Posted by: jackslife | June 17, 2009

Climate Change Projections for Real?

Rod has a post up about some new climate change projections.  I always wonder how seriously to take these.  It’s hard to know if they are anywhere even remotely close to accurate, not to mention to what degree the human contributions to this are really responsible for the problem, as opposed to just natural cycles of climate change.  I am by no means a head in the sand type when it comes to environmental issues, but I am a natural sceptic who mistrusts the science community’s ability to accurately forcast things like this.  If the projections are correct though, it looks like we are in for some hot summers.

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Responses

  1. The projections certainly have some unavoidable error. However, they test them on historical data – enter the climatic factors (eg solar radiation, ocean activity, etc) for, say, 1980, and see if the projections match what actually happened. To my knowledge those sorts of tests have gone very well.

    Regional projections are not easy, as they get into ocean and wind currents, which can be changed by warming…..the projections you hear for your region are probably the most likely consequences, it’s hard to calculate their exact probablility and severity.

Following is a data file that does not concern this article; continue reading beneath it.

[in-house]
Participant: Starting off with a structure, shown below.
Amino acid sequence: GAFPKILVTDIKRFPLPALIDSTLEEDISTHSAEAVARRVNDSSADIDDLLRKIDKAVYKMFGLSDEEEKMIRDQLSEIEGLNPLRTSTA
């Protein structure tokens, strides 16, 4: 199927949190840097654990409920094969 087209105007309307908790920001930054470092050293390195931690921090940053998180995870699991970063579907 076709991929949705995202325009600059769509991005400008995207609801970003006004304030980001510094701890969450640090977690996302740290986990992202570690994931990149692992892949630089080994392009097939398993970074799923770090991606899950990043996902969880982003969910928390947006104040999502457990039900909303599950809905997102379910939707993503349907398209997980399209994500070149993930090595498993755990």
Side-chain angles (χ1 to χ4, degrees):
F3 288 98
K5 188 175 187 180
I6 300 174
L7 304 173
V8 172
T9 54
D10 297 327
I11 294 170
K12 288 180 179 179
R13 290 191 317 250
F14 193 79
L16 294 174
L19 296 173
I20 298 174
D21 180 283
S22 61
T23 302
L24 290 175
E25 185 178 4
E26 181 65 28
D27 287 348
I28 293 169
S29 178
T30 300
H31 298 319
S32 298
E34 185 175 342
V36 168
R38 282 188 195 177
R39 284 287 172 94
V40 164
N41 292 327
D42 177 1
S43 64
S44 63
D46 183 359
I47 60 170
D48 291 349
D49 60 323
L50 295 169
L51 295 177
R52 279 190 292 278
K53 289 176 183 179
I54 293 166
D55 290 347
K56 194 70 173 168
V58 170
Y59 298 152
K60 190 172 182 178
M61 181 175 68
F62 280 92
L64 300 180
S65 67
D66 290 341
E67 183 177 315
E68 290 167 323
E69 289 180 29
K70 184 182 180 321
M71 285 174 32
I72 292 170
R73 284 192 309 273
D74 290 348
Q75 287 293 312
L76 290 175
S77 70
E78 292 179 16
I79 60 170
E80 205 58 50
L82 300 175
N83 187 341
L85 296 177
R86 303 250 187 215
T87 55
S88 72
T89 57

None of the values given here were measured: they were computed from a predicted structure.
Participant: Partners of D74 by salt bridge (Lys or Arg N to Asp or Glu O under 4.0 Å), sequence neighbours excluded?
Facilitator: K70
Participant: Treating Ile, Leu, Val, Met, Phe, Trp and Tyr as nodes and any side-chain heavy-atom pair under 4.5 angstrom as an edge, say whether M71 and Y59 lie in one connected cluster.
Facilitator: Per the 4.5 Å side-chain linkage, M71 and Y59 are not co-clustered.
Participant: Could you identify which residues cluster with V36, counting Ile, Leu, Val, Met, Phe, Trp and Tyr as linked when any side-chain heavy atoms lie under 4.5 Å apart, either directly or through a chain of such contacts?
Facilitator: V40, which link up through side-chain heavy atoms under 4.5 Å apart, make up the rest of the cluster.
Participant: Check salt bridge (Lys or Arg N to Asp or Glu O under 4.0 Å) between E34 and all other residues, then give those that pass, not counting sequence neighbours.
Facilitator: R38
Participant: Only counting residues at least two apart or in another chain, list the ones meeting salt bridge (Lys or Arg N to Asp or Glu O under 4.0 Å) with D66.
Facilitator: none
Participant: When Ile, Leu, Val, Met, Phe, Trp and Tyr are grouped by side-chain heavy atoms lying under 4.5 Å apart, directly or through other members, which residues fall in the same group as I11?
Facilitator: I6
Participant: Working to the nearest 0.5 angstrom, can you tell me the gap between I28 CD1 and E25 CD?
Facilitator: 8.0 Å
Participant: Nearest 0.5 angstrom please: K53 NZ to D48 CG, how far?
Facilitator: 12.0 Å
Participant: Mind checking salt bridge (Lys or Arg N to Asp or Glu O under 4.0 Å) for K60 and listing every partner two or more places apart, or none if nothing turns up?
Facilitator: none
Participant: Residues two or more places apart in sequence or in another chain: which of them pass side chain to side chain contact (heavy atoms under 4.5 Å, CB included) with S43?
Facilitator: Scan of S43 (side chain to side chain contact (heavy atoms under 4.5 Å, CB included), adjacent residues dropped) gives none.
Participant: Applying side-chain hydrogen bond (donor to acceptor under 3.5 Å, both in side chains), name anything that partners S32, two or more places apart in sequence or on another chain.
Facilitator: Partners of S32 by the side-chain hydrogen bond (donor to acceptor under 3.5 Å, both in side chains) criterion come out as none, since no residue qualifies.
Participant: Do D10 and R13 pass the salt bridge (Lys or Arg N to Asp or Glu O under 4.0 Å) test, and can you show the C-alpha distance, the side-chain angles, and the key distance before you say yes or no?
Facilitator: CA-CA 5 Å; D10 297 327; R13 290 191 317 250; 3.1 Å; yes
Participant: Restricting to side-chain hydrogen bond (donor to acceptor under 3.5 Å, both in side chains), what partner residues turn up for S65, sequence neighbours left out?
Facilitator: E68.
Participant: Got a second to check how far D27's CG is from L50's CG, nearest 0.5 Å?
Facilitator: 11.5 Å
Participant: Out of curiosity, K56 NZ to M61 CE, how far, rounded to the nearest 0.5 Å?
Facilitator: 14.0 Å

In general, though, the idea that humans are causing the Earth to warm is very widely accepted (97% of publishing climatologists – google Doran and Zimmerman 2009). There is no known natural cycle that can explain the warming, especially since 1970. Let me know if you hear otherwise (in a peer-reviewed article, not from somewhere like the Heartland Institute).

    A great starter to learn some climate change stuff is the Summary for Policymakers in the recent IPCC report (free online) – it’s not as technical as the rest of the report. The Encyclopedia of Earth is also very good.

    Would you like to come check out my blog, which has to do exclusively with climate change, especially how it relates to ideas such as credibility and risk management? Link is on my username. Thanks!

    • Hey, thanks for the comment. I will certainly check out your blog. As I said, I’m not one of those who will vehemently deny climate change science, I just happen to be skeptical of dire apocalyptic warnings of all kinds. I also am very supportive of measures that will lead to more environmentally responsible behavior, so I don’t doubt that there is some level of human contribution to the issue.

      Thanks again for the comment and I look forward to perusing your corner of the blogosphere. Thank you for the reading recommendation for the IPCC report as well.

  2. Being a natural skeptic is fantastic. That’s the true quality of a scientist. However, there is a fine line between skepticism and denial.

    Being a skeptic means that it takes a lot of evidence to get you to change your mind.

    Being a denialist means that you will never change your mind, regardless of evidence.

    A lot of global warming “skeptics” seem to fall into the second category….

    But no apologies are needed for your natural skepticism. It is a good thing. You seem willing to change your mind based on evidence, but it will take convincing evidence. There’s nothing wrong with that.


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